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CTE grants net ‘real-life’ experiences for students seeking career skills

The best way to learn a skill is to practice, and have hands on training, according to Unicoi County High School educators.
At UCHS, students can take classes at the Career and Technical Education center, where they can learn the basics to a trade – such as emergency medical services – which they can later turn into a career.
One of the CTE’s public health teachers, Kim Berry, received a grant to have installed in her classroom a life-size, fully-equipped ambulance model.
“The EMS class that I teach is beneficial for students who want to join the police force, be a fire fighter, or be an emergency medical technician,” Berry said last week.
Brett Adkins, president of the Health Occupation Students of America organization at UCHS, is currently taking Berry’s class.
“I plan to go to college to become a paramedic,” Adkins said. “This class has taught me skills that I will need once I am a paramedic, such as proper radio communication, how to access scenes for safety, how to safely extract patients, and by the end of the course I will be CPR-certified.
“I want to go into the medical field because I like helping people. It makes me happy.”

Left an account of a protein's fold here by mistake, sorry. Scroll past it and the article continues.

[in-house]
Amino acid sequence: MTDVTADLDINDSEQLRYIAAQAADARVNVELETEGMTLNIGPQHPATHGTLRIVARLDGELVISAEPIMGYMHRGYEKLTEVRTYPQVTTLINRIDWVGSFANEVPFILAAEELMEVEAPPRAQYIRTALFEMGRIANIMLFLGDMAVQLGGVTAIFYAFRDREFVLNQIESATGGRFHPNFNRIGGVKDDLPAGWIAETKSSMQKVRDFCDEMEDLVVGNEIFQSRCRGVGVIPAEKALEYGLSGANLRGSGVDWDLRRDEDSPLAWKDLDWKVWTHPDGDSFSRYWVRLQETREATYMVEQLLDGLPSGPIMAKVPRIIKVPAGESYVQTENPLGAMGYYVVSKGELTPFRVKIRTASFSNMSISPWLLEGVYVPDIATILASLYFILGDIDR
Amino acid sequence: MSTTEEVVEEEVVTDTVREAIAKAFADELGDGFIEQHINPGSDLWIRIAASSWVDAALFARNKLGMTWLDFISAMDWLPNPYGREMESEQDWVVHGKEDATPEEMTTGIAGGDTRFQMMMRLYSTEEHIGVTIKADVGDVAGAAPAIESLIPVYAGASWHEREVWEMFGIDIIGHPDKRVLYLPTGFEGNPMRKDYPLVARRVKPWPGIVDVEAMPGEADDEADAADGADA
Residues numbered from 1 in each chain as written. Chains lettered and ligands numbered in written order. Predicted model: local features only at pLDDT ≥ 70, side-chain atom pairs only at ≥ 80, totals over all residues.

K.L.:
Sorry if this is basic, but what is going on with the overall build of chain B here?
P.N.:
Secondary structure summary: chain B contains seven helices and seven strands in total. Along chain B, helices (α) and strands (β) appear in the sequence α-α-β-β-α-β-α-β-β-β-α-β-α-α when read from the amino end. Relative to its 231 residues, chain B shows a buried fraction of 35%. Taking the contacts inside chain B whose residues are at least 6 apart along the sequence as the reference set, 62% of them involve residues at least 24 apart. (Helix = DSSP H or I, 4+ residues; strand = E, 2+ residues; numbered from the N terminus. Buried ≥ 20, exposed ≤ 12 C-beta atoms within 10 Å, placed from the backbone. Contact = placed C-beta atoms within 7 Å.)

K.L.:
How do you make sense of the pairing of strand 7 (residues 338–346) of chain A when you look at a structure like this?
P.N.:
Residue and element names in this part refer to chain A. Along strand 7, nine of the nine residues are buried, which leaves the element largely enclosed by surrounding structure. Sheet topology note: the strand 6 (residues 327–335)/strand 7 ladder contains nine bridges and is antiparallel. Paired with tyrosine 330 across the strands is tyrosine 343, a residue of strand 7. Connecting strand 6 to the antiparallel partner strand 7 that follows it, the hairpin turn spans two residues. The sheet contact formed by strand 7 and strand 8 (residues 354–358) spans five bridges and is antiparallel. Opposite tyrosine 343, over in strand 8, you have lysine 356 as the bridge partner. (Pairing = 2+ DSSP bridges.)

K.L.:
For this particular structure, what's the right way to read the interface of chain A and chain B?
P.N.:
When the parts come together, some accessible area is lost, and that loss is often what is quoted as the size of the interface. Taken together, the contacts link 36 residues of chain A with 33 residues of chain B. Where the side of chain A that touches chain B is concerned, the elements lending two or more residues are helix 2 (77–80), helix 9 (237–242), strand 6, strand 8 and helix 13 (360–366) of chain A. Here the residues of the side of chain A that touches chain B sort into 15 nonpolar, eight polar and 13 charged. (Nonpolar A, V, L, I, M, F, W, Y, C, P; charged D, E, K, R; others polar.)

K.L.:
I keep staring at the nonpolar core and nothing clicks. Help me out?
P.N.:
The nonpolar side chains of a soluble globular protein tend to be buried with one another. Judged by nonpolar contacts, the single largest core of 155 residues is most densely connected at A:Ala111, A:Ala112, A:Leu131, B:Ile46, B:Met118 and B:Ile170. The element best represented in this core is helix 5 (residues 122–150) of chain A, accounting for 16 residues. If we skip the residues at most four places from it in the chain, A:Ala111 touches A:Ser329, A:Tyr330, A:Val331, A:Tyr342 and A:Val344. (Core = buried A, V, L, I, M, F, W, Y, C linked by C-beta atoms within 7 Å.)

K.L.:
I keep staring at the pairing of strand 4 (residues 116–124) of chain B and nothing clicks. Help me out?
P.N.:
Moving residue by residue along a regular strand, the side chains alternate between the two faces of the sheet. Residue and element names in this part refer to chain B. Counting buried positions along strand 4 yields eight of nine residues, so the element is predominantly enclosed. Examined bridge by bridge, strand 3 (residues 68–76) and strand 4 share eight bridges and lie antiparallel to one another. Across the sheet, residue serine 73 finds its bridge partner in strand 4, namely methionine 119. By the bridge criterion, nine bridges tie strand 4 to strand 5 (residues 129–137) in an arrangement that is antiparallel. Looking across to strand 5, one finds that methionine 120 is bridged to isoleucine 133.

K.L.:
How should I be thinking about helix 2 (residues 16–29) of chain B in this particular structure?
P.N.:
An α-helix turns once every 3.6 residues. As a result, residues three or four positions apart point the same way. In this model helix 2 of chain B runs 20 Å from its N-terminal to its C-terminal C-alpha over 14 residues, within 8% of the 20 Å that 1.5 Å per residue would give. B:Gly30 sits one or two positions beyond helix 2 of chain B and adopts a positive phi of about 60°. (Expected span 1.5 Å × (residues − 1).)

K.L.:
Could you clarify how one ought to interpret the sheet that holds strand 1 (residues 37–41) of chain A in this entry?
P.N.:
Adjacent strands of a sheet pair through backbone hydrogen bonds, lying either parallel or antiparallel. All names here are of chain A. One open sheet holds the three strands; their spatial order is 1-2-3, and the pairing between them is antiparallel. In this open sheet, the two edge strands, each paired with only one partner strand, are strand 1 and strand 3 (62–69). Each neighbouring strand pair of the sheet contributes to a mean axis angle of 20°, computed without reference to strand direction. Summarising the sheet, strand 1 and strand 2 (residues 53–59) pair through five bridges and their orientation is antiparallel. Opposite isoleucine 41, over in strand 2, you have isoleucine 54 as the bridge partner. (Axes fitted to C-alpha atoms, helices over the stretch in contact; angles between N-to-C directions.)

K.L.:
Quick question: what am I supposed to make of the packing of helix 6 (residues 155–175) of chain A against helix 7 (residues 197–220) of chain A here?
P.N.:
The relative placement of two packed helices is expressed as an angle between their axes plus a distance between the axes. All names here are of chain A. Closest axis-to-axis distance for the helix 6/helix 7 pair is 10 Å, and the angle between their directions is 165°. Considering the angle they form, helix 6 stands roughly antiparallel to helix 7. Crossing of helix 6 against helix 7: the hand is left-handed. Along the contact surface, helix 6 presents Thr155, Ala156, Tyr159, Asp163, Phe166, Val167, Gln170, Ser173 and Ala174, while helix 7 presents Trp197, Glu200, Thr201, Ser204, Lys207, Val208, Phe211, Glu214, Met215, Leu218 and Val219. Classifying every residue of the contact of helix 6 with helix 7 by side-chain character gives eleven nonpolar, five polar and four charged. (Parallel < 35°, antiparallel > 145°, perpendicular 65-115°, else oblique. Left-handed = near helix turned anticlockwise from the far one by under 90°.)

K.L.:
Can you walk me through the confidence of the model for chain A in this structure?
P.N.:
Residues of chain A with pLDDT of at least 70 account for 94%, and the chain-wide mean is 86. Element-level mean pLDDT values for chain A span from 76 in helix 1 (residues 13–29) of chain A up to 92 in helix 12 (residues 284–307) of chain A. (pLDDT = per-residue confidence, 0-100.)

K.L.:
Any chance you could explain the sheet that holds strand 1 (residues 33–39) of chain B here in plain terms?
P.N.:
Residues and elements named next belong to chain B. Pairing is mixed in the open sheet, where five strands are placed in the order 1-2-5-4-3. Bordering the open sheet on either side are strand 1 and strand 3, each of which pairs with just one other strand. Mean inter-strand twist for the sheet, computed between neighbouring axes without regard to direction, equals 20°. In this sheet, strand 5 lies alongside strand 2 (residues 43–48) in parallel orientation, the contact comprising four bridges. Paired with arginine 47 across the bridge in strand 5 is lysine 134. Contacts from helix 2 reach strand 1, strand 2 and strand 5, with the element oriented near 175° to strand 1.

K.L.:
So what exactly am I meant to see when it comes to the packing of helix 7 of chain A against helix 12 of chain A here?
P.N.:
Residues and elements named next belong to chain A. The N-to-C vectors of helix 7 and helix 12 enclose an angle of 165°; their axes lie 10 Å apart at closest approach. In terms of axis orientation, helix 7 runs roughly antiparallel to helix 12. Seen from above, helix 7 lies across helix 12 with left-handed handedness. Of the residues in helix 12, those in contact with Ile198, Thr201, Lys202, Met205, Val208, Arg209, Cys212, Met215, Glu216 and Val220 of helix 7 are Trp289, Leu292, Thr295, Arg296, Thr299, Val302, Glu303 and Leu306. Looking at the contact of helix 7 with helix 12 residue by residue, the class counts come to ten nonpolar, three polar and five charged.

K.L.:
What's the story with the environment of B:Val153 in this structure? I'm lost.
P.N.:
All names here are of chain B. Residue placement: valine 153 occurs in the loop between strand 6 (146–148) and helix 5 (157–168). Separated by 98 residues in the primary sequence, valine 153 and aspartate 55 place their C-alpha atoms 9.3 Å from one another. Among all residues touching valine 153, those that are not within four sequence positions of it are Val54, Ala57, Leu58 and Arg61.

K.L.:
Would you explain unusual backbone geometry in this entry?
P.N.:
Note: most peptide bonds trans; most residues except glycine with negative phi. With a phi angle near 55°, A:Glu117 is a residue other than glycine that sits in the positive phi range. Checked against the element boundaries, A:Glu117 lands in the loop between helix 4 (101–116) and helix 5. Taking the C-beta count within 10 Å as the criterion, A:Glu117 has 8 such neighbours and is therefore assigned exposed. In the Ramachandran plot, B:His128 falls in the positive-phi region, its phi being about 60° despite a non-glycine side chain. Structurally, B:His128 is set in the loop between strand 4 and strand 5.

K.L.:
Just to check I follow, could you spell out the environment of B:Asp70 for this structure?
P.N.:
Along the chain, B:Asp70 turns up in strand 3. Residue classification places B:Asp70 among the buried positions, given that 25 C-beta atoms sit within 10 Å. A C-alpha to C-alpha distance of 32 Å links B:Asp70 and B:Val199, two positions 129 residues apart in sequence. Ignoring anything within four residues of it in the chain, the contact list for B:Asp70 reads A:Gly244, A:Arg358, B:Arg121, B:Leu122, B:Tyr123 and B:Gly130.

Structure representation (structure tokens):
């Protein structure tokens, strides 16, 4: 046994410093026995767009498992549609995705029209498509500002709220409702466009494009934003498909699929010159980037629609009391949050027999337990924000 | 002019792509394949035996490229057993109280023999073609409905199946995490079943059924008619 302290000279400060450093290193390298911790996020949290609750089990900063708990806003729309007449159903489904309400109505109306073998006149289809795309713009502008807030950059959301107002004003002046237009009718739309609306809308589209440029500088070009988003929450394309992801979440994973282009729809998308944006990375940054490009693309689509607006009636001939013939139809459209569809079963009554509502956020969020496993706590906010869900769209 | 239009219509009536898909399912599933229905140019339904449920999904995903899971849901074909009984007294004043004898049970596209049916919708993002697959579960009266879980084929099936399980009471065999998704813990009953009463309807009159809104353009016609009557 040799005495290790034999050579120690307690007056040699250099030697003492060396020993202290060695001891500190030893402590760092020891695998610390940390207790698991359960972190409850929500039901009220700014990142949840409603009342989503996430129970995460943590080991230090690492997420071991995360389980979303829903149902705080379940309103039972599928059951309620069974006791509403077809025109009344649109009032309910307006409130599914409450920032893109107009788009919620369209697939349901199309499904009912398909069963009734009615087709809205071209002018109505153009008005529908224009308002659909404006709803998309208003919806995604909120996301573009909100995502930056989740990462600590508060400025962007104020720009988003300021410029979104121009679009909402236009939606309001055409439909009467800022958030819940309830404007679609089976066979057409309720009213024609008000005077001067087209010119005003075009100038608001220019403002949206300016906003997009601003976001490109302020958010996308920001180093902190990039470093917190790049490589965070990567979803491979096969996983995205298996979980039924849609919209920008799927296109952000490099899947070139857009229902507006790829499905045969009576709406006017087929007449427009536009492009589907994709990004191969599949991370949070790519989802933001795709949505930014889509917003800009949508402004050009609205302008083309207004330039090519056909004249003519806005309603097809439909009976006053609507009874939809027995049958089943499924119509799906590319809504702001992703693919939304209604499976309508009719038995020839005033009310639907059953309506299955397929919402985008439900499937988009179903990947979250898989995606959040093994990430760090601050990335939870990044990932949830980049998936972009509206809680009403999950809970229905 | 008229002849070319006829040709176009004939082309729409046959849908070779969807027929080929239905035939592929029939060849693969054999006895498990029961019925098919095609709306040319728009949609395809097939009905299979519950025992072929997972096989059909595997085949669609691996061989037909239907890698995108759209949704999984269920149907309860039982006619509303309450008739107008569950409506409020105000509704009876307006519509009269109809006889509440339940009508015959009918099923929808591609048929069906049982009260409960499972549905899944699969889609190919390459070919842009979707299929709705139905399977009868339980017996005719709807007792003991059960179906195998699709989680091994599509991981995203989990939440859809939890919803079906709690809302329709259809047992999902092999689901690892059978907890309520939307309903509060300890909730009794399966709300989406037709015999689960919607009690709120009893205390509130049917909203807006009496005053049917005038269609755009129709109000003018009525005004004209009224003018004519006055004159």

Adkins and fellow student Ivory Shelton will be competing at the annual HOSA competition in the EMS category later in the school year.
The grant is not only helping students aspiring to find their place in the medical field, but those seeking careers in drafting as well.
The skill to generate construction blueprints has always been difficult to fully understand without constructing a three-dimensional model. Until now, students in Russell Edwards’ computer design classes could only see their designs on paper.
With the CTE’s recent purchase of a 3-D printer for Edwards’ classroom, students are now able to “print” any object they design in the class. The printer, as an instructional aid, helps students visualize and better understand each design they generate.
According to Edwards, his students will be able to print one 3-D object upon the completion of an approved design.
The grant also helped teacher John Lewis purchase a fully-functional car-painting booth for his shop classroom back in April.
“Having the paint booth has definitely helped in the classroom,” Lewis said last week. Within the paint booth, students are able to learn about applying primer, painting and refinishing vehicles.
CTE Director Charles Baxter said that having these tools in classrooms is “more real-life.”
“We are very fortunate and thankful that we were able to purchase these tools through grants,” Baxter said. “The 3-D printer is just amazing. It is a fantastic tool for the drafting department.”
According to Baxter, the Unicoi County School System is one of very few systems statewide that were rewarded with two grants to further its Career and Technical Education program. He welcome parents of UCHS students to attend an open house on October 17, at 6 p.m.
This open house, Baxter indicated, will be a special showcase just for those three departments. For furhter information about the open house, contact Kim Berry at 743-1632.